Walter Anderson Traveling Trunks

Walter Anderson printWalter Anderson is one of Mississippi's most renowned artists. The Old Capitol Museum offers two trunks focusing on his work: one for elementary schools and one for high schools.

Walter Anderson Trunk

This trunk, incorporating many art activities, is most appropriate for students in fourth through eighth grades.

Books, tapes, and cd from the trunkIn the first lesson a video, An American Master: Walter Anderson of Mississippi, provides an overview of Walter Anderson's life. Students are introduced to the "seven motifs of creative design" and, with inspiration from nature and music, use the motifs to create drawings.

The second lesson incorporates a magnetic compass, a map of the Gulf Islands National Seashore, and Walter Anderson's "three islands map" to teach map reading skills. Students learn how to produce maps of their own.

The video Walter Anderson and Printmaking and a projected, full-color overhead transparency of Anderson's Three Billy Goats Gruff are used to introduce printmaking. Brayers, inking plates, and ink are provided for creating block prints; students press designs into Styrofoam meat trays and "pull" prints from this surface.

Walter Anderson Trunk

Support materials from the high-school trunkThis trunk is most appropriate for students in the ninth through twelfth grades.

A video, An American Master: Walter Anderson of Mississippi, provides an overview of Walter Anderson's life. Students are introduced to the "seven motifs of creative design" and, inspired by nature and music, create a drawing using these motifs.

The second lesson shows how prehistoric cave painting influenced Walter Anderson's work. Students learn about famous cave paintings and the people who painted them and then create their own caves and cave paintings using crumpled butcher paper, dried soil, and oil.

The book Walls of Light: The Murals of Walter Anderson, along with full-color overhead transparencies of three Anderson murals, introduces mural painting. Students then discuss and evaluate the three murals.

Print-making materials from the trunkMap-reading skills are taught using a magnetic compass, a map of the Gulf Islands National Seashore, and Walter Anderson's "three island map." Students learn to produce maps of their own in the style of Walter Anderson.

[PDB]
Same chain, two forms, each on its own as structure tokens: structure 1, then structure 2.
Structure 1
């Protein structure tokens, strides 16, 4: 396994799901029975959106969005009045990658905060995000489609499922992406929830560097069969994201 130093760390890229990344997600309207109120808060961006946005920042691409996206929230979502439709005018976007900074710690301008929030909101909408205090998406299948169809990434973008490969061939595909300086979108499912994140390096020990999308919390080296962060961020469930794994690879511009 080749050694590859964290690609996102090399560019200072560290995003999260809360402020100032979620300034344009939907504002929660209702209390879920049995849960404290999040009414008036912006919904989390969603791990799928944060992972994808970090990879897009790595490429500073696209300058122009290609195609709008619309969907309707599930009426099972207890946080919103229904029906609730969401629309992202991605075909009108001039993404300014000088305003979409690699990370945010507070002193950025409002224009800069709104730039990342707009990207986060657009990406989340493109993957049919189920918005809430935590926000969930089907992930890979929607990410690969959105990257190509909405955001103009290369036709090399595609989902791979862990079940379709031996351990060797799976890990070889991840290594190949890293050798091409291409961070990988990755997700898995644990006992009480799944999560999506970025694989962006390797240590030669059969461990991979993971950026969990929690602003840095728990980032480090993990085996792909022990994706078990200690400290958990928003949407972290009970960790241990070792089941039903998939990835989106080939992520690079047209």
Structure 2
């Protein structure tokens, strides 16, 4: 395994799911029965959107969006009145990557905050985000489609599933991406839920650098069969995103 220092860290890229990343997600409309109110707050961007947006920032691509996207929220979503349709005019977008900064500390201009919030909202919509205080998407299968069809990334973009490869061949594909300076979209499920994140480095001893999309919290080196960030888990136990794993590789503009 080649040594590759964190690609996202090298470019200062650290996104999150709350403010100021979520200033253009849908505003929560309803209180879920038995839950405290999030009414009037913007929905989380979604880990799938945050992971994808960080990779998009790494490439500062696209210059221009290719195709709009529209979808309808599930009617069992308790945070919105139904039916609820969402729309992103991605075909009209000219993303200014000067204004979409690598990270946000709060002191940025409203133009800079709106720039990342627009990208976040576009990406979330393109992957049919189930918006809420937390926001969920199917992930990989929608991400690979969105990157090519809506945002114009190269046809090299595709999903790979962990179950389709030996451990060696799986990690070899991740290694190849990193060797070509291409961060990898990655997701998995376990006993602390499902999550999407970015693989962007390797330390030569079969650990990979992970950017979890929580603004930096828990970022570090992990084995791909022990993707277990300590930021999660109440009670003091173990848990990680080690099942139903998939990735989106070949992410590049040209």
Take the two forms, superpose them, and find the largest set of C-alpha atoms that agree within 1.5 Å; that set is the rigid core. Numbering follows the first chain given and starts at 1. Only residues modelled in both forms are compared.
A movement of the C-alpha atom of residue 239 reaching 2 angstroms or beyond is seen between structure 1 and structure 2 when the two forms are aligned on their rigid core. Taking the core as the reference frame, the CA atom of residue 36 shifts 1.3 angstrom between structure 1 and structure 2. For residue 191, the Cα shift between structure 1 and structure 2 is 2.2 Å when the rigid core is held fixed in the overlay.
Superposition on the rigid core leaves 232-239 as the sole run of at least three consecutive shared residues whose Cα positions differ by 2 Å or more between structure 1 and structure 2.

The video Walter Anderson and Printmaking and a series of full-color overhead transparencies of several of the artist's prints are used to introduce printmaking. Brayers, inking plates, and ink are provided for creating block prints; students press designs into Styrofoam meat trays and "pull" prints from this surface.

The bookbinding lesson is initiated with the reading of Walter Anderson's illustrated children's story Robinson: The Pleasant History of an Unusual Cat. Students brainstorm and are helped to develop stories of their own; then they select parts of the stories for illustration. Following step-by-step illustrated instructions, they produce bound books.

The Traveling Trunk Program was developed for use with fourth– through twelfth–grade classes. Trunks are available September through November and January through May. The trunks are designed to be used as a one- to two-week unit and will be shipped the week before they are to be used in the classroom to allow the teacher to become familiar with the contents. The trunks should be returned to the Museum on the Monday following the completion of the teaching unit. Trunks must be shipped FedEx, USPS, or UPS and insured for $500. Teachers may choose to transport the trunks to the Museum themselves. The Traveling Trunk Program was developed with funding from the Phil Hardin Foundation of Meridian. Additional funding was provided by BellSouth and BellSouth Pioneers.

For more information or to book this trunk call 601-576-6800.

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